Tennessee Highway Patrol plans 'no refusal' enforcement

Tennessee Highway Patrol plans 'no refusal' enforcement

Posted: Updated:
It's a small memorial set up for Dawn Reynolds, 35, who was killed in a car crash four years ago by an impaired driver. It's a small memorial set up for Dawn Reynolds, 35, who was killed in a car crash four years ago by an impaired driver.
"You wake up every morning and go to bed every night thinking about your child. There's nothing that changes that ever," said Maudie Ward. "You wake up every morning and go to bed every night thinking about your child. There's nothing that changes that ever," said Maudie Ward.

MAYNARDVILLE (WATE/AP) - Tennessee Highway Patrol plans a "no refusal" enforcement campaign in several counties across the state during the New Year's Eve holiday period.

Tennessee's "no refusal" law allows officers to seek search warrants for blood samples when they suspect a driver to be impaired.

Driving down Maynardville Pike, you might not notice a cross. It's a small memorial set up for Dawn Reynolds, 35, who was killed in a car crash four years ago by an impaired driver.

"You wake up every morning and go to bed every night thinking about your child. There's nothing that changes that ever," said her mother Maudie Ward.

Ward is now raising her daughter's three children and hopes by sharing this tragedy it will change someone's mind before they drink and drive.

"It doesn't only devastate the person that's been killed, it devastates the whole family and it happens too much," she said.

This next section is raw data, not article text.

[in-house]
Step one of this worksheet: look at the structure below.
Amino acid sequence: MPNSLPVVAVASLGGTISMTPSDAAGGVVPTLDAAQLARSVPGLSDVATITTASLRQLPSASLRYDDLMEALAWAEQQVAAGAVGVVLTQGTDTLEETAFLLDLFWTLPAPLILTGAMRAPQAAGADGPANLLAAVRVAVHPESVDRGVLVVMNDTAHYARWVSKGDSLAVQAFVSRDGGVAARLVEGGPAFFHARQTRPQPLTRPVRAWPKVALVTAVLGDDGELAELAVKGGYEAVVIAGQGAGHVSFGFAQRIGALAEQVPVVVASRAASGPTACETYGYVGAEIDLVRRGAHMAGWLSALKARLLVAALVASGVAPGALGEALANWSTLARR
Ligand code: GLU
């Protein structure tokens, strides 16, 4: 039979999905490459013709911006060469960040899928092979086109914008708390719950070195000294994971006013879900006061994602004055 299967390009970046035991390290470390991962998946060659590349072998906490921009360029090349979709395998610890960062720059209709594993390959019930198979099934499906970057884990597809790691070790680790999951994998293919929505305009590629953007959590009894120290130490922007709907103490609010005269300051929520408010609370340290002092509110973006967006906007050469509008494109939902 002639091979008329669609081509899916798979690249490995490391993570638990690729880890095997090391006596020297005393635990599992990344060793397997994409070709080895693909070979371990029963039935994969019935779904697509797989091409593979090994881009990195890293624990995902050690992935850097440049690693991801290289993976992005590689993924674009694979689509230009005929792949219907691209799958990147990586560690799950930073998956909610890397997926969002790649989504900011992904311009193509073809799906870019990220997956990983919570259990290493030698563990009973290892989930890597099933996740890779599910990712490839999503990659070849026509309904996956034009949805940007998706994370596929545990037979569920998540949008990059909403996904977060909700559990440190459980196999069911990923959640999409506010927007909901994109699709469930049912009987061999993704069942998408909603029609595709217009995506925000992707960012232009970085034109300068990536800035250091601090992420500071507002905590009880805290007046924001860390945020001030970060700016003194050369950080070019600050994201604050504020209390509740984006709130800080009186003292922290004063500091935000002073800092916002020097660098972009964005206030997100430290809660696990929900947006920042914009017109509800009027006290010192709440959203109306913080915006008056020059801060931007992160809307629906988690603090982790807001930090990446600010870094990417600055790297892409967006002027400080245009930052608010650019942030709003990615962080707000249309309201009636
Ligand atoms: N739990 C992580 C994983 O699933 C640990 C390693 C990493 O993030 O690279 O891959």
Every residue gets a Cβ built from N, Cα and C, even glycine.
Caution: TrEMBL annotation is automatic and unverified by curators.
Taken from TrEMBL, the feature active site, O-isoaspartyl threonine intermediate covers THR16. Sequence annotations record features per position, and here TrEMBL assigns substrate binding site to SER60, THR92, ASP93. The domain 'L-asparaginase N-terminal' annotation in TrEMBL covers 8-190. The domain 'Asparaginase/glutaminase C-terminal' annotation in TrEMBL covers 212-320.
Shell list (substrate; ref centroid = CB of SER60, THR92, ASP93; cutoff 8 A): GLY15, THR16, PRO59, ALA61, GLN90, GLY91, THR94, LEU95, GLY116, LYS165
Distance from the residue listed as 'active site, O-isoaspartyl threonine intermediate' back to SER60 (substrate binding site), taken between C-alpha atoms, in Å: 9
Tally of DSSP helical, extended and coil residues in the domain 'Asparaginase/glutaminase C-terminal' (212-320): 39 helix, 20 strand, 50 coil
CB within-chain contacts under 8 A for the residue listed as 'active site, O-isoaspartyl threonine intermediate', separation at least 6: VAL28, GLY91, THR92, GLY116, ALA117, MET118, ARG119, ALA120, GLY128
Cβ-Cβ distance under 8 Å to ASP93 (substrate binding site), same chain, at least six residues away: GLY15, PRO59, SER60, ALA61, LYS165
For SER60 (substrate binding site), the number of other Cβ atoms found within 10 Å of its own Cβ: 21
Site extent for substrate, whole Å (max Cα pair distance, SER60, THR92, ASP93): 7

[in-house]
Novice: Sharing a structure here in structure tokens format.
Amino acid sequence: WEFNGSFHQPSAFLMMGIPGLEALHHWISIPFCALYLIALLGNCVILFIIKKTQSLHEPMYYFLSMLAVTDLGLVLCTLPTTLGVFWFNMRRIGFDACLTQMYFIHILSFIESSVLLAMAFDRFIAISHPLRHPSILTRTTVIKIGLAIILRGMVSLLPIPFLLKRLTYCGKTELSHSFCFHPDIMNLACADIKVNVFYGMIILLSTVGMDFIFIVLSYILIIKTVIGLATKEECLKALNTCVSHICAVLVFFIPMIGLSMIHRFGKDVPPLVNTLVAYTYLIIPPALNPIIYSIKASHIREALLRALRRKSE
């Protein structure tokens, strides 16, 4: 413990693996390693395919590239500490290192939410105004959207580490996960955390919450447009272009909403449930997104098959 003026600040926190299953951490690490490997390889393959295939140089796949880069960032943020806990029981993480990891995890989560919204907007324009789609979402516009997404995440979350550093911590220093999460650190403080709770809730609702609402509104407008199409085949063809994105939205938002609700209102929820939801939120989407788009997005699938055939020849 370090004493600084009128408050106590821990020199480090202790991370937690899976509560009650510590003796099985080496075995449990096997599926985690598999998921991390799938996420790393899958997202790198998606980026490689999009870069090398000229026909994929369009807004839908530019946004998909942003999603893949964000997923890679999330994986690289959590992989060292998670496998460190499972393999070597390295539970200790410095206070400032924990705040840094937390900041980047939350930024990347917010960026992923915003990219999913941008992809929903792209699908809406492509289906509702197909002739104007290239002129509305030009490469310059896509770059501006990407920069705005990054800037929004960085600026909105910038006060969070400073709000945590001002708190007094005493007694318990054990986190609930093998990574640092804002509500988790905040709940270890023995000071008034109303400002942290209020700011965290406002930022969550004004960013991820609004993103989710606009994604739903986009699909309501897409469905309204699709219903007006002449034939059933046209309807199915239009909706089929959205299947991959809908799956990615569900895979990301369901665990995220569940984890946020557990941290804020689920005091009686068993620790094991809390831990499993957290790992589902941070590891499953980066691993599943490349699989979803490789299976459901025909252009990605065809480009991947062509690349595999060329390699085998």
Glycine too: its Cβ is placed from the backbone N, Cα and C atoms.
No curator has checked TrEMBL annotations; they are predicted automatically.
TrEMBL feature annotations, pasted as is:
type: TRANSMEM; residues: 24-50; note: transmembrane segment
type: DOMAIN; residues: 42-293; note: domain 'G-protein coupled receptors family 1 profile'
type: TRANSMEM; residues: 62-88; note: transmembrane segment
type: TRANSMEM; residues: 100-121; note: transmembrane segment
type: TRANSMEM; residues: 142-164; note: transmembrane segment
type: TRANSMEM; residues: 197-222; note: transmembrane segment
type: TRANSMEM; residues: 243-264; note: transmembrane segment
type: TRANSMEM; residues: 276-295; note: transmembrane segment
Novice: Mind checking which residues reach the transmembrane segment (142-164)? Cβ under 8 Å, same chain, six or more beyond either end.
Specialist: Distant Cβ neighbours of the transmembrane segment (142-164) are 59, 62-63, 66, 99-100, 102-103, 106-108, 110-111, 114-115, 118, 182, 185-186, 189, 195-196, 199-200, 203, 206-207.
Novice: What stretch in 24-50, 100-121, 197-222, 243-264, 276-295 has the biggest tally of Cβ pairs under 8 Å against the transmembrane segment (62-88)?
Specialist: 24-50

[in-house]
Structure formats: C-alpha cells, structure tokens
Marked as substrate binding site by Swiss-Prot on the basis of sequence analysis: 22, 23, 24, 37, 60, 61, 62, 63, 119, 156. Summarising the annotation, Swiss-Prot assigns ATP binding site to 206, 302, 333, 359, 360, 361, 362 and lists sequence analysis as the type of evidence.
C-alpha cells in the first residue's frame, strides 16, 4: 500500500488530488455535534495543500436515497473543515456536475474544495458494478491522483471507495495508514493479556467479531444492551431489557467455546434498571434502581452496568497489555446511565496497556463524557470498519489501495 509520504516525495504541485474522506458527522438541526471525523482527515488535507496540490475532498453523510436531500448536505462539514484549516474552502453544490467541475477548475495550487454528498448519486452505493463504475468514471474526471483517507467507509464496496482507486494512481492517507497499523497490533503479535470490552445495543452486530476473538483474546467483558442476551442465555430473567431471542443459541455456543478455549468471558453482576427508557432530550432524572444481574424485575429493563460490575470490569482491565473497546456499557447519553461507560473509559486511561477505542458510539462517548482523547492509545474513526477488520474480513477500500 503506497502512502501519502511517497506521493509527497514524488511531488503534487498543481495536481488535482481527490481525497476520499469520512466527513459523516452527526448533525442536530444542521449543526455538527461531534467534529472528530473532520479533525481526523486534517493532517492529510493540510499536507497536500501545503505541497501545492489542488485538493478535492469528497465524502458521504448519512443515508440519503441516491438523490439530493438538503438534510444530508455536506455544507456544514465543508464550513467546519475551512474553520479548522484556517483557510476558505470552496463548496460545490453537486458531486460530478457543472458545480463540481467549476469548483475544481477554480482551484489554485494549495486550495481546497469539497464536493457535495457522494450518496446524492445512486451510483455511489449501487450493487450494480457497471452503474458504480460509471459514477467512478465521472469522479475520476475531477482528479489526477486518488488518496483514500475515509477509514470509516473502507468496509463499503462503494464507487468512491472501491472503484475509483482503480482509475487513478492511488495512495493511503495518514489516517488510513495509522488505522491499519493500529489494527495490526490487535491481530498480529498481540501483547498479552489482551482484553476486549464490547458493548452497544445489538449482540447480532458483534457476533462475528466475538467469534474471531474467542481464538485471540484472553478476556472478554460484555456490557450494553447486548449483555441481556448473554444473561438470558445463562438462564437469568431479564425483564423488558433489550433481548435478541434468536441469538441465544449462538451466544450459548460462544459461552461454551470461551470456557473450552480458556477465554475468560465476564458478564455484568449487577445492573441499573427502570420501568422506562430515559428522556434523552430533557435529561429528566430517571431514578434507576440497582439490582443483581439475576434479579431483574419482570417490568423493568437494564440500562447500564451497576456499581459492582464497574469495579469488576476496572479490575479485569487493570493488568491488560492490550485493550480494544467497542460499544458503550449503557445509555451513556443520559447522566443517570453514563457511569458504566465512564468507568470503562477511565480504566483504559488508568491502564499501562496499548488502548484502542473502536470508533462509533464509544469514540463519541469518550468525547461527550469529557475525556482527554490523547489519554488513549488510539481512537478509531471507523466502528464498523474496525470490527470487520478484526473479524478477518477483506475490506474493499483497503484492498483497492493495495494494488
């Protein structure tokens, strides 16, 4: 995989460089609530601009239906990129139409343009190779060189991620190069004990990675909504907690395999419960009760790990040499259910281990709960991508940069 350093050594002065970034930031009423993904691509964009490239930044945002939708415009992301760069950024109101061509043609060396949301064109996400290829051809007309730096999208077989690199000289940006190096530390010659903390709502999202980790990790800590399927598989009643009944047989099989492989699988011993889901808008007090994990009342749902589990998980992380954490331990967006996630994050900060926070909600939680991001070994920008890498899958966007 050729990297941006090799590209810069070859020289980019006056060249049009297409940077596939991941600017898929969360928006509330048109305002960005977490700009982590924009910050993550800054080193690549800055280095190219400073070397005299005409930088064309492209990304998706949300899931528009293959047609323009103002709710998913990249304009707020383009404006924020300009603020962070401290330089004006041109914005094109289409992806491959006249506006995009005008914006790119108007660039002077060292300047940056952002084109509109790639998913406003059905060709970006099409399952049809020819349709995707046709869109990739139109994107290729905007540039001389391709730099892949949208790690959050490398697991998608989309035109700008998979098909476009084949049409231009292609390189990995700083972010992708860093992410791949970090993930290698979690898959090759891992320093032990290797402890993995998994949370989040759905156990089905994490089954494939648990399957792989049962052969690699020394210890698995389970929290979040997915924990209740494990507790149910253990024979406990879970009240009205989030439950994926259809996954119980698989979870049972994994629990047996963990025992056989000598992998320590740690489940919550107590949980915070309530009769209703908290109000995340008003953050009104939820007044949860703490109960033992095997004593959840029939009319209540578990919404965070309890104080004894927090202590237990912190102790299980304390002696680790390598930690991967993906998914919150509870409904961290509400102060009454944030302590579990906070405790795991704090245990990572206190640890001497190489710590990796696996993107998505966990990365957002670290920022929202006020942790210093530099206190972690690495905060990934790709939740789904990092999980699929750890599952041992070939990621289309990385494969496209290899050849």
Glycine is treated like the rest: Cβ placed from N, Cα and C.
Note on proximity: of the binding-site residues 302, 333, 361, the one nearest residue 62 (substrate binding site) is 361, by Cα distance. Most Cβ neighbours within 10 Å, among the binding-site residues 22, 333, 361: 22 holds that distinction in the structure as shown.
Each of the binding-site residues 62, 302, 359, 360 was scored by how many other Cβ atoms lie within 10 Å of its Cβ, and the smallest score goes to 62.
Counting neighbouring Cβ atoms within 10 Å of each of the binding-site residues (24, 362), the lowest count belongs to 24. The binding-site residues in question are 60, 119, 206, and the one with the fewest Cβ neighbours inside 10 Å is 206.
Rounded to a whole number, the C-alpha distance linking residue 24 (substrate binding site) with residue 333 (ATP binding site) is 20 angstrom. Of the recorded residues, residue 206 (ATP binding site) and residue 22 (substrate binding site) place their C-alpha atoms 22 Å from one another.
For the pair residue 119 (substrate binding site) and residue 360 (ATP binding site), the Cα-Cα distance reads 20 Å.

That's why THP is enforcing their "no refusal" campaign starting on Monday aiming to catch impaired drivers and prevent fatal crashes.

The special enforcement includes saturation patrols; bar and tavern checks; and checkpoints for seat belts, sobriety and driver's licenses. It begins at 6 p.m. Monday and ends at 11:59 p.m. Wednesday.

"Most people think that we're out here talking to the people that are choosing to be impaired or out here driving impaired and we are. But it's also to increase the awareness for the average drivers to be on the lookout for these types of people," said Sergeant Randall Martin.

In Dawn Reynolds' case, she was killed right before Christmas, her family saying it's a loss beyond words. That's why they want everyone to be cautious while ringing in 2014.

"It destroys families. It's just like a vine," said Ward.

According to the Highway Patrol, nine people were killed in fatal crashes on Tennessee roadways during last year's 78-hour New Year's Eve holiday period. That's an increase from the six vehicular fatalities during the 2011-12 New Year's holiday.

6 News Reporter LAURA HALM contributed to this report.

Portions Copyright 2013 The Associated Press. All rights reserved. This material may not be published, broadcast, rewritten or redistributed.

Powered by WorldNow
All content © Copyright 2000 - 2014 WorldNow and WATE. All Rights Reserved.
For more information on this site, please read our Privacy Policy and Terms of Service.